Douglas has a lot riding on this. He came to the Jets with the reputation of being a scouting guru, and he devoted most of his guru-ing in his first offseason to the offensive line, last season's weakness. You can't form a conclusion after one game, but you can learn a lot.

2. Must-be-Fab Four: Players who absolutely must have a big season for the Jets to have any shot at the playoffs:

Sam Darnold, quarterback: He plays the most important position and has the biggest upside of any player on offense. Shaky supporting cast? No doubt, but the special players find a way.

Quinnen Williams, defensive tackle: There are no impact players in the front seven. Williams has the potential to be one, but he had a quiet training camp and the pressure to meet high expectations is mounting.

Chris Herndon, tight end: Want to make coach Adam Gase smile? Mention Herndon's name. Gase believes Herndon has the ability to be the No. 1 option in the passing game. He can start by staying healthy.

Marcus Maye, strong safety: He was voted a captain by teammates, proof he's growing as a leader. Now all he has to do is be Jamal Adams 2.0. A huge payday could be on the horizon for Maye, a free agent after the season.

3. Bullish on Sam: Hall of Famer Curtis Martin still lives in the New York area and still keeps tabs on his former team. I checked in with Martin to get his take on the season, and he seemed cautiously optimistic about the Jets' chances. He's like a lot of fans in that he believes Darnold has to be the difference-maker.

"They can be competitive enough to make a run at the playoffs," the former Jets great said. "Losing Jamal [Adams] and C.J. [Mosley], those are key pieces to the defense, but I think they can compensate for some of that with the additions on offense.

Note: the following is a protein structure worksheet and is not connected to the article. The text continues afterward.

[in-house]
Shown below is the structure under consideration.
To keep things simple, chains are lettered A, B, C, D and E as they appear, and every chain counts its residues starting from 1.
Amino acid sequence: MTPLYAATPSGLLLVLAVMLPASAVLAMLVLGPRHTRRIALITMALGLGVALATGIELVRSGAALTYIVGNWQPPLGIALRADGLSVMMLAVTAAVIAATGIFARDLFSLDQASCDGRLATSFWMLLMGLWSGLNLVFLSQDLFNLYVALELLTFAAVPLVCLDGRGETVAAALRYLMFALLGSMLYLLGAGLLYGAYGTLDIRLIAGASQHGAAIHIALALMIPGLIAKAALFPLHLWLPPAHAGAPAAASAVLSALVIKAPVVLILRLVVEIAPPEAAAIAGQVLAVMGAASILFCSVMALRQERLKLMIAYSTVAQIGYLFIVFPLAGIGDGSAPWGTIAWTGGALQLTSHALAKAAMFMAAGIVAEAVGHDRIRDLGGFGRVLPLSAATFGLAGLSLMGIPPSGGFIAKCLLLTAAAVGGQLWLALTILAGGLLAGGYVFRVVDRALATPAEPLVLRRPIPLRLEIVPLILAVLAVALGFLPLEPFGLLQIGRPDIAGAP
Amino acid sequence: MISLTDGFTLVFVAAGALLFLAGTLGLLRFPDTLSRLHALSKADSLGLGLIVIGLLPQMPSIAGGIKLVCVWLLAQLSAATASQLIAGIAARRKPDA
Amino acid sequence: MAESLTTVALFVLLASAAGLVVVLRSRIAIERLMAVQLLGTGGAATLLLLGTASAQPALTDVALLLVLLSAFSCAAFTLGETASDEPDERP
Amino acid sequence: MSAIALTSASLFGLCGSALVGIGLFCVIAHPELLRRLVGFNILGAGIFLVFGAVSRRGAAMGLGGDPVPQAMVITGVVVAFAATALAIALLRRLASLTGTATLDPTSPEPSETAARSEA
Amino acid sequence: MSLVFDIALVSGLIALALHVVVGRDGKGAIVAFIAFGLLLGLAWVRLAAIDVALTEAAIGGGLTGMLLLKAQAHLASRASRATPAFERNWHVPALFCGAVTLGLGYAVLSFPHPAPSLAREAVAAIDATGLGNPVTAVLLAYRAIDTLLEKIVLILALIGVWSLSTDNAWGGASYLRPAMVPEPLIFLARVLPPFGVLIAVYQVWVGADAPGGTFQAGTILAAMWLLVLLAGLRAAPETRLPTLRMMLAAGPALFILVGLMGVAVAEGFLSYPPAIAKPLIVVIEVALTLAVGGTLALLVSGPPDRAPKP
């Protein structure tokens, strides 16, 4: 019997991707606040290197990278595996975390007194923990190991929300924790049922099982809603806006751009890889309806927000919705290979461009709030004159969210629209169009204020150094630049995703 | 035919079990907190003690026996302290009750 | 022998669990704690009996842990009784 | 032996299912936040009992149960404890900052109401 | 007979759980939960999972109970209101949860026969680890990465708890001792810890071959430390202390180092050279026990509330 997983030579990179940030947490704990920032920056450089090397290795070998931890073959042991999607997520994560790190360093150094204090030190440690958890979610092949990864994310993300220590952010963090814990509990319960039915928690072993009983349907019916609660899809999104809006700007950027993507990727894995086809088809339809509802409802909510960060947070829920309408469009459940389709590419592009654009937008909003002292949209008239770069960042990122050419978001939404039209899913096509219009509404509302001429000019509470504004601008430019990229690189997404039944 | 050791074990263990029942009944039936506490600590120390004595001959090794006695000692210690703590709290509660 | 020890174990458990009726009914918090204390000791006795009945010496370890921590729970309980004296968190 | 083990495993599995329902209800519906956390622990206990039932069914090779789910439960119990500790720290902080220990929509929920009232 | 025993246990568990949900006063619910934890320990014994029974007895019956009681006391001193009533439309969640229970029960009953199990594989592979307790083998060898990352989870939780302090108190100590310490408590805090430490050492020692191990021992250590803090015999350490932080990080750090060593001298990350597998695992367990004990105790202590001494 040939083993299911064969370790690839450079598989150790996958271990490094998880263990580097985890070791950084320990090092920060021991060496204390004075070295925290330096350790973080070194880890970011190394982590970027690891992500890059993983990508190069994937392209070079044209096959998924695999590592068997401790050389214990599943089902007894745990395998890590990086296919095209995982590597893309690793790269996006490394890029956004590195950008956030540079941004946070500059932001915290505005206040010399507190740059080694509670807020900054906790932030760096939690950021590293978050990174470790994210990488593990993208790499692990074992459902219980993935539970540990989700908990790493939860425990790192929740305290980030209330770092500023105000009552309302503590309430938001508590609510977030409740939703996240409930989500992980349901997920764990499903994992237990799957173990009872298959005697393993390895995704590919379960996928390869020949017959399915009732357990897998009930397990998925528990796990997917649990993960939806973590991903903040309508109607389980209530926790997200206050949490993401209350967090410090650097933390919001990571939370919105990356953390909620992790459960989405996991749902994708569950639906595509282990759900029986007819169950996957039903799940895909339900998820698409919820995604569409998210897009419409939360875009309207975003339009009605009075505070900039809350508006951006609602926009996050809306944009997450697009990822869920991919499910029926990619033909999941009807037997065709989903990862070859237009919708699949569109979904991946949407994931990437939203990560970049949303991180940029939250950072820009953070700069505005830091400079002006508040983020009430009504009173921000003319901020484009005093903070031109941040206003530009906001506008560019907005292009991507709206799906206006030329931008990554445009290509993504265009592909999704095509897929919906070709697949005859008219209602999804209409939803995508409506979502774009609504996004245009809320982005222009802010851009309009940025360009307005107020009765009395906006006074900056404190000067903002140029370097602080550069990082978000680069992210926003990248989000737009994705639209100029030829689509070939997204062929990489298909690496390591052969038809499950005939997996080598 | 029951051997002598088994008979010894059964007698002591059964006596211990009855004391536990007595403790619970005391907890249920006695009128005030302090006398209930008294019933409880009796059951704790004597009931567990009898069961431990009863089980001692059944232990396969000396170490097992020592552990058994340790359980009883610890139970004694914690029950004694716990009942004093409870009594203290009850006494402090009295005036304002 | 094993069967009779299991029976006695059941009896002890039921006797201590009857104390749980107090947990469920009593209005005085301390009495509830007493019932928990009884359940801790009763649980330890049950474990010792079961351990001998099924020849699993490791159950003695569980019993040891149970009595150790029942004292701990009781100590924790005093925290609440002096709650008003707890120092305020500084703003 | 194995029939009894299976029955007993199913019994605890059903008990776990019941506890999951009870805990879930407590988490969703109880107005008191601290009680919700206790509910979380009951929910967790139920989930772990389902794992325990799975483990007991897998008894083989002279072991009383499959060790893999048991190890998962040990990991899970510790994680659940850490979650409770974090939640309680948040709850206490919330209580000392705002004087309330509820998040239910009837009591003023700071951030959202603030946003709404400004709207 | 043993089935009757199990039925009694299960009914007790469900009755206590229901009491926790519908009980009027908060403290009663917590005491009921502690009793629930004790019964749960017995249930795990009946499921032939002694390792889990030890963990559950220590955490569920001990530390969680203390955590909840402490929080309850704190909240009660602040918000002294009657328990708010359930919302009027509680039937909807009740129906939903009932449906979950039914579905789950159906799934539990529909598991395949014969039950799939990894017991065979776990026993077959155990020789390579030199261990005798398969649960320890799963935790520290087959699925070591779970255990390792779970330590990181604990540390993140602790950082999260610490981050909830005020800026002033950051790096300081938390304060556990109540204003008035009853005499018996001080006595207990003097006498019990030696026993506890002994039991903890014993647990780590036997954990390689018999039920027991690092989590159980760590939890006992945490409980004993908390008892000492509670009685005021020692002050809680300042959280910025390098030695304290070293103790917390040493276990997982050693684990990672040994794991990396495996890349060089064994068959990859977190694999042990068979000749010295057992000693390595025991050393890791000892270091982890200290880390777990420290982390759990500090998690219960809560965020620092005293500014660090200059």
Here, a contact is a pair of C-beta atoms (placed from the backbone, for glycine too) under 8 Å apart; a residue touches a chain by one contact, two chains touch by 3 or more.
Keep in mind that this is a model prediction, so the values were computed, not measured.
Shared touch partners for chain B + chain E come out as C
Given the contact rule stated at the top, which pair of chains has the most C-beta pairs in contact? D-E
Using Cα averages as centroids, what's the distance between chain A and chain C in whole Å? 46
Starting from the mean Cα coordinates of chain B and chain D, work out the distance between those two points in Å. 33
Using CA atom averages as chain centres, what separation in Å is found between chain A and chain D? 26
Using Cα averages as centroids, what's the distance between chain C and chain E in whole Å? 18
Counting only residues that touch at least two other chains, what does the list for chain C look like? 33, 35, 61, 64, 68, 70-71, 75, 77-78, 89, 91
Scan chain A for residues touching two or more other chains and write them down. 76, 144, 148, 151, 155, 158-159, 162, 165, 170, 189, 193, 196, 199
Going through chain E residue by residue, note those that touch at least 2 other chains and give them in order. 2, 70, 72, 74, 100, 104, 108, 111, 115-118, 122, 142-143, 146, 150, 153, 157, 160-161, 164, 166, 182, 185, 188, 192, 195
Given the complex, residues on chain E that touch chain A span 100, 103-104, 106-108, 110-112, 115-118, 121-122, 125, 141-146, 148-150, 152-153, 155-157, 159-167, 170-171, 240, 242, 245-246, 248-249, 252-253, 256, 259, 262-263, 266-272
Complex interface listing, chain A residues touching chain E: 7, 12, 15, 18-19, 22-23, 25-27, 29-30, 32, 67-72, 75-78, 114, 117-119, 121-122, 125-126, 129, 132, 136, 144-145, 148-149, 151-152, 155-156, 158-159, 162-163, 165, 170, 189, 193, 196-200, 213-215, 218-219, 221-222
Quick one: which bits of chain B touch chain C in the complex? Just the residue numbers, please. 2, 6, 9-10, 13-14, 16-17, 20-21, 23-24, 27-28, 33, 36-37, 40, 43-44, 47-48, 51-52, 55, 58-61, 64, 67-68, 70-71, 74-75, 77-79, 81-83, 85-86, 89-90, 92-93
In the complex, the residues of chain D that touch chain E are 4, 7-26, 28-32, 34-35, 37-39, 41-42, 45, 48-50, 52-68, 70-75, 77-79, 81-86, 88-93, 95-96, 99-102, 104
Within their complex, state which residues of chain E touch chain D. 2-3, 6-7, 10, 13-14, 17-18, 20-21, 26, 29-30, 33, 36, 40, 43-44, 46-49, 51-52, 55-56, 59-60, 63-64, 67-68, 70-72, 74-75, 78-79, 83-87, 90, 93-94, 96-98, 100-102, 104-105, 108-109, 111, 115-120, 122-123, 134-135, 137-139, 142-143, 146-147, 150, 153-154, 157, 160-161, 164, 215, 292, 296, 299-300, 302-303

"The show must go on, and I'm expecting them to have a much better year. One of the keys is when you have a quarterback who's starting to become more seasoned, just learning more and having more time with his offensive line and the receivers. I'm expecting Sam to have a good year, and I think that's going to help the team in a significant way. I'm looking for Sam to have a big year, to have his best year this year."

4. Four corners: It's a fact of life for Darnold: He plays in a division loaded with talented cornerbacks.

He opens against Tre'Davious White, who has yielded a 60.1 passer rating as the nearest defender to the target over the past three seasons, per NFL Next Gen Stats. That's the second lowest in the NFL behind -- you guessed it -- another AFC East corner, Stephon Gilmore of the New England Patriots. The Dolphins have two good ones, Xavien Howard and Byron Jones, their prized free agent.